The emergence of Russia as a very competitive wheat exporting country has dramatically changed the Egyptian market opportunity for U.S. wheat farmers. Egypt still imports more wheat than any other country, but for several years Egypt’s government purchasing agency has been able to import Russian wheat and wheat from other nearby exporters at FOB costs that have been as much as $50 per metric ton cheaper than U.S. wheat on top of a freight advantage. The majority of Russian wheat is imported for use in Egypt’s subsidized baladi bread program.
USDA Foreign Agricultural Service cooperator U.S. Wheat Associates (USW) recognizes these challenges and has shifted Foreign Market Development (FMD) and Market Access Program (MAP) funding from staff and activities in Egypt to other regions and countries that offer better opportunity for U.S. wheat export sales. However, USW has identified an emerging high-value market in cookies, crackers and cakes, as well as other products like pasta, in Egypt that is served by private importers, mills and processors. While such products are affordable for many Egyptian consumers, they return higher margins to the supply chain and they require high quality flour and offer a new opportunity for U.S. wheat.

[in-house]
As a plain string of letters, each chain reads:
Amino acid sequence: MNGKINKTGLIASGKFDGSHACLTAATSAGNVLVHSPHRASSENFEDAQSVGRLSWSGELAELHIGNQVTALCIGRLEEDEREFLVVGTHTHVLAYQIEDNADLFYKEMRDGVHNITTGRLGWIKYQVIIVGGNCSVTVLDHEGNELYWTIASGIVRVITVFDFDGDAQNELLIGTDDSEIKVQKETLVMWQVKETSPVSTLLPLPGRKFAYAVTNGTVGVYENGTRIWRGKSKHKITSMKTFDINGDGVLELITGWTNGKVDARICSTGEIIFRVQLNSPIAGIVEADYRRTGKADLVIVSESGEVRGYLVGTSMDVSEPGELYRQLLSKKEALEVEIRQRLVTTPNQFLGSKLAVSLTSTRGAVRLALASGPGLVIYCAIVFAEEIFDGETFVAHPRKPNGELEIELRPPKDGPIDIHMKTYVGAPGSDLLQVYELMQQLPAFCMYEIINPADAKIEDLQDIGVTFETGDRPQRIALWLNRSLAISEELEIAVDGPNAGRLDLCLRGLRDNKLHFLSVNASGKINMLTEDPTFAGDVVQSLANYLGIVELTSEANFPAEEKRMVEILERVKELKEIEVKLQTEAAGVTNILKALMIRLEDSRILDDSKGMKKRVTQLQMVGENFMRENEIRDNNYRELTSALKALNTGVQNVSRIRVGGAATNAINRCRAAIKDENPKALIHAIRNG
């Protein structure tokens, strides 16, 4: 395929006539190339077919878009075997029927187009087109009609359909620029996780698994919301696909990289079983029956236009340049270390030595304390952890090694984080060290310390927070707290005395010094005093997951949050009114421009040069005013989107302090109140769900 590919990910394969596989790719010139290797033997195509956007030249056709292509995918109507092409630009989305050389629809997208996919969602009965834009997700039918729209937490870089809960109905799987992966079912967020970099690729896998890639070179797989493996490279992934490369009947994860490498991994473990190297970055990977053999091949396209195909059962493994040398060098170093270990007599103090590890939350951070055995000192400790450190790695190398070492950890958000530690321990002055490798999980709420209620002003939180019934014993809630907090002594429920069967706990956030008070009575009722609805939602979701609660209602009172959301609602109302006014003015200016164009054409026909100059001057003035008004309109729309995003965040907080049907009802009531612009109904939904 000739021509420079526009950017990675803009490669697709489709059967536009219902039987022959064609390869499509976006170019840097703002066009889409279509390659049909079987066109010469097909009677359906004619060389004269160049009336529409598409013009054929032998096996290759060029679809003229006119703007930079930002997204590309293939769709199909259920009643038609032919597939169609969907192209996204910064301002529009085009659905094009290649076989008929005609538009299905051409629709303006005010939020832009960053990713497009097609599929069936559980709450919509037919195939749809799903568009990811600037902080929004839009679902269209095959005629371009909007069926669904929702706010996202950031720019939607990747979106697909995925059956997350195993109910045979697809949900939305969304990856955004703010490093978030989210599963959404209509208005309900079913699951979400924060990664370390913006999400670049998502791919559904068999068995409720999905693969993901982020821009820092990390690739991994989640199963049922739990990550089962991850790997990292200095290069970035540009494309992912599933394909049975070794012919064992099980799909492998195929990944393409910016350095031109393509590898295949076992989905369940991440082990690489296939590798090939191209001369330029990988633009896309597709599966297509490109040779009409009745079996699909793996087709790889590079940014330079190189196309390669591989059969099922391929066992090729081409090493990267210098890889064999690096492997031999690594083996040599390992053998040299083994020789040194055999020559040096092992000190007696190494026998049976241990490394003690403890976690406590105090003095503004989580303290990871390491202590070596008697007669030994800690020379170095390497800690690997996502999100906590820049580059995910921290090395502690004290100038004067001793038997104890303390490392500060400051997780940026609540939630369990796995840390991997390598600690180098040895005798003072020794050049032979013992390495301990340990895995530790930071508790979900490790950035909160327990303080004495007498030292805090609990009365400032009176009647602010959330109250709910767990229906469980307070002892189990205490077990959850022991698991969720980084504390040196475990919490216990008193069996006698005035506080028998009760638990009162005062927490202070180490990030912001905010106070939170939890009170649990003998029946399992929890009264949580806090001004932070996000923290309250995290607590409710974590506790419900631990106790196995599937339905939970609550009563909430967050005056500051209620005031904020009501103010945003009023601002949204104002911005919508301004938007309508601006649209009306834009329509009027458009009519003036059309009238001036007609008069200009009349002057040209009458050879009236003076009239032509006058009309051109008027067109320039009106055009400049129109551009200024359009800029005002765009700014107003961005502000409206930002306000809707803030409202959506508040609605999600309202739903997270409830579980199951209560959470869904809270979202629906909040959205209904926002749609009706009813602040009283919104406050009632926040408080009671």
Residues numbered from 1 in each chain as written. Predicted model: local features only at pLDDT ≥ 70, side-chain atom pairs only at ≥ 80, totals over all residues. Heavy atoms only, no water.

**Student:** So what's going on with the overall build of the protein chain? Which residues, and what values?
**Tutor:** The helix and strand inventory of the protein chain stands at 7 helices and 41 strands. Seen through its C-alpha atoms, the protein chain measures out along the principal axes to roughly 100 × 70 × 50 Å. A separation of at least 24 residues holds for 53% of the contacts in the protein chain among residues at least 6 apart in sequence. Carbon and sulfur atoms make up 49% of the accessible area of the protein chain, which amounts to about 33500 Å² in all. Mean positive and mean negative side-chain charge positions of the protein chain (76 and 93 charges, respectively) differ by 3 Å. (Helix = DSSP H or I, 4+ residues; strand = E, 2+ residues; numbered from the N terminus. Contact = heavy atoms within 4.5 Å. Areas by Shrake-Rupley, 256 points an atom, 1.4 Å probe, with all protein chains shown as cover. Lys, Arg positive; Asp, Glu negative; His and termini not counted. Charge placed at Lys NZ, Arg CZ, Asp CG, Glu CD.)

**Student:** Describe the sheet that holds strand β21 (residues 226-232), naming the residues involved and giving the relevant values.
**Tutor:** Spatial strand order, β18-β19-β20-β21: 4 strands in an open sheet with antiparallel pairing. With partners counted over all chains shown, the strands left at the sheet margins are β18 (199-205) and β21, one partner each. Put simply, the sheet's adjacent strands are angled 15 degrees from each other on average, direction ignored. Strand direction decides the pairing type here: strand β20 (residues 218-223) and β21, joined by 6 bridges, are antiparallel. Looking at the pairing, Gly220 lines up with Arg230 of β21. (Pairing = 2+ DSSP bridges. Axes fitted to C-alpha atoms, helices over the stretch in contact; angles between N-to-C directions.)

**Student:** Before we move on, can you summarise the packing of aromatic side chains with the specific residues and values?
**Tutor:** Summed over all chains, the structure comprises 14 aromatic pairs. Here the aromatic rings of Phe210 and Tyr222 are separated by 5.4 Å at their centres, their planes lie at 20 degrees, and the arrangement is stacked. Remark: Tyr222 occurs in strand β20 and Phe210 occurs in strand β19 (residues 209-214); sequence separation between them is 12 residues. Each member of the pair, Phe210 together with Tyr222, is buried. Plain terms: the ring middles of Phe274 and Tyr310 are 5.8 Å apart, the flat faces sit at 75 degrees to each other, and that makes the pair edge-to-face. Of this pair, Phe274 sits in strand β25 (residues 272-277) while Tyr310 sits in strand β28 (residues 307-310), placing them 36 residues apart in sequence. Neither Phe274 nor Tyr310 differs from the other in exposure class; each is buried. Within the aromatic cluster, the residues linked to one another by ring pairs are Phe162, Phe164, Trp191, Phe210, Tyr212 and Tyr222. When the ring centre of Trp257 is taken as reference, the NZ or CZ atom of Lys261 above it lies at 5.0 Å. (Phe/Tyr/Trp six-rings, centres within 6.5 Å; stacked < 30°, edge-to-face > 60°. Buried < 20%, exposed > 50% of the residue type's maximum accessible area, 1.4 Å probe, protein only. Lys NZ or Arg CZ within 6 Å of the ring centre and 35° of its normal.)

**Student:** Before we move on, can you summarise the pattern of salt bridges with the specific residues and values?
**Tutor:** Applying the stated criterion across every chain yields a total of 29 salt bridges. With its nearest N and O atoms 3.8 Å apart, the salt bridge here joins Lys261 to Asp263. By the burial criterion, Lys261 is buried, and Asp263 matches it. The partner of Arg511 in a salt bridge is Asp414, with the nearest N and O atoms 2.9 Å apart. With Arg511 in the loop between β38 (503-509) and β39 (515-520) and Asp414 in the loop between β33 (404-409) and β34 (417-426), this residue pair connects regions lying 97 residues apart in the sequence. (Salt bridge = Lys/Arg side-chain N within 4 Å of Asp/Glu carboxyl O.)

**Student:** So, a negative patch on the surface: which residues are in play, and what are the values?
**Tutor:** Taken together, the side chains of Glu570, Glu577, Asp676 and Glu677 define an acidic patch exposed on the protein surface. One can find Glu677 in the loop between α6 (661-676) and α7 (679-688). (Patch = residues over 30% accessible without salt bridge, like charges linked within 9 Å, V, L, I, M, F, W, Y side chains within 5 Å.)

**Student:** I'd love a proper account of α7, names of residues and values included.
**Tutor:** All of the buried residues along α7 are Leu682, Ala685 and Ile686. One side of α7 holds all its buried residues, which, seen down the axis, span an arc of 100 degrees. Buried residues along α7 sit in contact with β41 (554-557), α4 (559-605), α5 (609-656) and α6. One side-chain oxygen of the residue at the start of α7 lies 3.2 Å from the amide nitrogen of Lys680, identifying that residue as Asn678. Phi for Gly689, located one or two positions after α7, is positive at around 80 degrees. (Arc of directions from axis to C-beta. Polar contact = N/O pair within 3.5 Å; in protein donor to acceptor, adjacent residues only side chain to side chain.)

In marketing year 20115/16 (June to May), for example, Badawi Group contacted the USW office in Cairo to discuss their plans to introduce a new line of branded pasta products. Badawi is the largest tea company in Egypt and wanted to extend a respected, premium reputation into the growing pasta market.
USW Regional Technical Specialist Peter Lloyd traveled from Casablanca, Morocco, to meet with Badawi managers. While durum wheat is the premier source of semolina for pasta, flour from other wheat classes can be used effectively depending on cost and consumer preferences. After reviewing Badawi’s product concepts, Lloyd recommended the company should consider using high protein U.S. hard red spring (HRS) wheat as its primary pasta ingredient.
Next, USW Regional Director Ian Flagg and Marketing Consultant Nihal Habib reviewed how Badawi could best execute a HRS wheat purchase. Following a final discussion, Badawi imported 30,000 metric tons of HRW in 2015/16, the first significant sale of U.S. spring wheat to Egypt in many years. The purchase returned about $7.7 million to U.S. spring wheat farmers in North Dakota, Montana, South Dakota and Minnesota from a very small investment of MAP and FMD funds. This opportunity would never have materialized if that investment and USW’s ability to serve this prospect were not in place. Moreover, Badawi set a standard for premium tea in Egypt and USW believes it can set another standard for premium pasta, which holds promise for additional HRS sales.
USW is fostering similar opportunities in Egypt through technical support aimed at helping build a preference for U.S. soft red winter and soft white wheat in the emerging cookie, cracker and cake products. The effort shows that USW is making the most efficient use possible of MAP, FMD and U.S. wheat producer funding in response to changing market dynamics.